I’ve traveled in that spiritual construction zone for a large portion of my life, not understanding many of the detours and, as a result, getting myself into worse messes when I attempted to follow my own routes. On occasion, my choices took me off-road because they seemed thrilling (but caused irreparable damage to my vehicle). I’ve likely caused many (emotional) wrecks along the way, too, that didn’t just include my own vehicle. I also let myself become the victim of others’ poor choices in detours. In short, I lost faith that there truly was a plan meant to route me around the construction zones and get me safely to where I was journeying, even if it meant perceived delays in my life. I also came to points of complacency and readily used excuses for my own delays. By the time the paving was taking place to smooth out those rough spots, I would have argued that the workers on my roadway were paving it straight to hell.
Then, by the grace of God, I was reminded that there was a master road plan, and I simply needed to stick out the journey.
The road would soon be made clear for safe and productive passageway. Even if Hell’s very own paving crew was delaying my journey, and even if I had to smell their stench, God was allowing that to happen in my life. I had to learn to trust in Him and the plans He had laid for my journey. Amazingly enough, I found it much more comforting to learn to sit still in life’s traffic jams and sing praises to Him, rather than rush around looking for my own poorly planned (dead-end) detours. Since that time, I’ve only been able to become excited about the journey that lies ahead!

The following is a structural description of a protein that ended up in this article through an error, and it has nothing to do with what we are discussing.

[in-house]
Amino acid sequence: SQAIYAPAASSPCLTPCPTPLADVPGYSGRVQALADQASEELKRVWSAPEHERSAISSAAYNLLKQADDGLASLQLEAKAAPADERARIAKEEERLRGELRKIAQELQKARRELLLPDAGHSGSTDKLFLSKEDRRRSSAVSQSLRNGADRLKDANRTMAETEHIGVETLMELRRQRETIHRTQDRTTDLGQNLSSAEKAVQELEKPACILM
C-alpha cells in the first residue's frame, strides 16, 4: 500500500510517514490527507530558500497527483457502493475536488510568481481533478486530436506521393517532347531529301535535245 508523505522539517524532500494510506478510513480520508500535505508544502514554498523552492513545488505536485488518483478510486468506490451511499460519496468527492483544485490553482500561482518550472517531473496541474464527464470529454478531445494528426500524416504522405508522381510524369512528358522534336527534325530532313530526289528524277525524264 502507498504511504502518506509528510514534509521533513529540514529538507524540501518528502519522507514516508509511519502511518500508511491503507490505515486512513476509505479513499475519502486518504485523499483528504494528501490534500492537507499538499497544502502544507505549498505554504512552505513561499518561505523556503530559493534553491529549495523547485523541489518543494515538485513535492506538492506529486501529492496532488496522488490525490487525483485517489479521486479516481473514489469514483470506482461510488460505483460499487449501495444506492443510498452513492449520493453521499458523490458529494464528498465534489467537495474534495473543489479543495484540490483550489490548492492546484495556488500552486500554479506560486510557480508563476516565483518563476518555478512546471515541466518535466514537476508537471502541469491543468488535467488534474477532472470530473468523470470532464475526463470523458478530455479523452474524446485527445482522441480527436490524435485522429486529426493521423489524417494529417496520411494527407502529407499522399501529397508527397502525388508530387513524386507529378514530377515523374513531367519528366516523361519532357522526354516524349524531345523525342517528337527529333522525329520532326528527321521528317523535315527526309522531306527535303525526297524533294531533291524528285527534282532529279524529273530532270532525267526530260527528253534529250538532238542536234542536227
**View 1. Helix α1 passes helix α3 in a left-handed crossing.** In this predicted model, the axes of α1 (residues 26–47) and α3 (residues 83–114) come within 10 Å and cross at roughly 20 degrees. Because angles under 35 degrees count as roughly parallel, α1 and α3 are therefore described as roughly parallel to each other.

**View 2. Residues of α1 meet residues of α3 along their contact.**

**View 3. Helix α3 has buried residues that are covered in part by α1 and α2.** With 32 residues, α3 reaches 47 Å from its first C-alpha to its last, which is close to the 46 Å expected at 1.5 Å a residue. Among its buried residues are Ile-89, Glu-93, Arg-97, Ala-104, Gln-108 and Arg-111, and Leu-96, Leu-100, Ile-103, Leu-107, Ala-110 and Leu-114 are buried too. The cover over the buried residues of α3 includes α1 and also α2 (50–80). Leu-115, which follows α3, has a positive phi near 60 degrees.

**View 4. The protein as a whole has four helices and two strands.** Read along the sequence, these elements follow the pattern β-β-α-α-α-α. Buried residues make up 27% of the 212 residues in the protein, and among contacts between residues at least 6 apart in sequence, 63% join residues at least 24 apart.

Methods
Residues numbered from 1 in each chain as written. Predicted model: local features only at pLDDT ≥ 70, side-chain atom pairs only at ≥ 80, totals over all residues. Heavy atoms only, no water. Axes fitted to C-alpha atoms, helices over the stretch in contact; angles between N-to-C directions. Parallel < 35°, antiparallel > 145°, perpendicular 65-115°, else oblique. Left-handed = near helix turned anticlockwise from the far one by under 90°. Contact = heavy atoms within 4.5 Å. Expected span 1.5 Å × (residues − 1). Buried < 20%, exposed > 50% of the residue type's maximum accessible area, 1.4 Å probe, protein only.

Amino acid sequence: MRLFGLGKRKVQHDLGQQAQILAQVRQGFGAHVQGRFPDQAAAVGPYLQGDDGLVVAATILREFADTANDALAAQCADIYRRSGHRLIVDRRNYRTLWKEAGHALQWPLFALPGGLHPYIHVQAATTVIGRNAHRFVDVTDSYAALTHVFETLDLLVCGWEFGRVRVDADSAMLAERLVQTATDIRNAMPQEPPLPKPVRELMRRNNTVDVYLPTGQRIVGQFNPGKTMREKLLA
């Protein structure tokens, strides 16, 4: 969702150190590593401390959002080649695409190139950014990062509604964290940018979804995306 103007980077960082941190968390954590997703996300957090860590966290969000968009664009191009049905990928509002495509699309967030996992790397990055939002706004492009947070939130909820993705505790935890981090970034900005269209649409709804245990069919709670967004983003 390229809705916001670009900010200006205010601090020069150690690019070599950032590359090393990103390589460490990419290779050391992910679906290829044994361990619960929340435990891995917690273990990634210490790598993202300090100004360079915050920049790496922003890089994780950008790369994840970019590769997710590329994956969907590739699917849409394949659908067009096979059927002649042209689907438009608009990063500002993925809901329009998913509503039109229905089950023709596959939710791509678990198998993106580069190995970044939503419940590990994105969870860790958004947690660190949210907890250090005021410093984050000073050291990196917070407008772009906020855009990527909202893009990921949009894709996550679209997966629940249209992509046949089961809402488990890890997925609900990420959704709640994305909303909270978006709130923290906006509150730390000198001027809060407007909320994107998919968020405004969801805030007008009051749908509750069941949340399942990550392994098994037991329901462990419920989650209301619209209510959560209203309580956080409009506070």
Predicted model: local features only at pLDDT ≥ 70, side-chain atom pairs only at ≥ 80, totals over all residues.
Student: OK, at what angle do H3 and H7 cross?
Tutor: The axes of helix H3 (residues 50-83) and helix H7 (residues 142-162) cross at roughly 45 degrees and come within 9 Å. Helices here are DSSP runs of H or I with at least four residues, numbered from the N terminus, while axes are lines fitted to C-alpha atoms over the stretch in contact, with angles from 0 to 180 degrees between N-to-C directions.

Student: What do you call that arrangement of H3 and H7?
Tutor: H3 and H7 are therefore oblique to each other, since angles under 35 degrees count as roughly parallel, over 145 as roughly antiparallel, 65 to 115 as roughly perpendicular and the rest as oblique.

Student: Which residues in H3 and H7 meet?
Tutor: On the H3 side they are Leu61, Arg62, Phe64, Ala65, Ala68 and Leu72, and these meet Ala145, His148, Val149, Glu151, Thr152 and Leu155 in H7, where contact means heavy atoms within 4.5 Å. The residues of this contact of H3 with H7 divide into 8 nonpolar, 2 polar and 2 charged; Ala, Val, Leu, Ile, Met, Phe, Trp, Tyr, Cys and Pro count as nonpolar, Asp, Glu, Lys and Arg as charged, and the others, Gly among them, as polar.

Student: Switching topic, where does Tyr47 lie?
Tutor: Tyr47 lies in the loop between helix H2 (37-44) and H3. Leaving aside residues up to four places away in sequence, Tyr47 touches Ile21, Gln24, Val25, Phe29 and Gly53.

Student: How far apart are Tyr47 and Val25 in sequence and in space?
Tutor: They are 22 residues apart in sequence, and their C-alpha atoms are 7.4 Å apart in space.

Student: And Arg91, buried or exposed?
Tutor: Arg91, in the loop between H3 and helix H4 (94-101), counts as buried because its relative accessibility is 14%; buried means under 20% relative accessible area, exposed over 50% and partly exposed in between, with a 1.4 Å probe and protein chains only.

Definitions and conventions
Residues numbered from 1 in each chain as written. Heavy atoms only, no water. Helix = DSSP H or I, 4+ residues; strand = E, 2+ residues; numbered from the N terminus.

For I know the plans I have for you,” declares the Lord, “plans to prosper you and not to harm you, plans to give you hope and a future.” -Jeremiah 29:11 (NIV)
God’s intentions for our lives truly are good ones. It’s our own intentions that might send us seemingly traveling down the pathway to hell; and there may be spiritual forces who strive quite diligently to pave our path in that direction for us. But that has never been – and will never be – God’s desire for our lives. If His intentions were anything other than good ones, He wouldn’t have provided us with a direct pathway to Him through Jesus Christ. Our Heavenly Father’s intentions are, in fact, such good ones that He’ll use every road block, wreck and detour in our lives to place us back on track towards our journey with Him. Yet He’ll never restrain us from going a different direction of our own choosing. That very fact has humbled me to watch for His road signs much more carefully in my own life and to rejoice in the paving!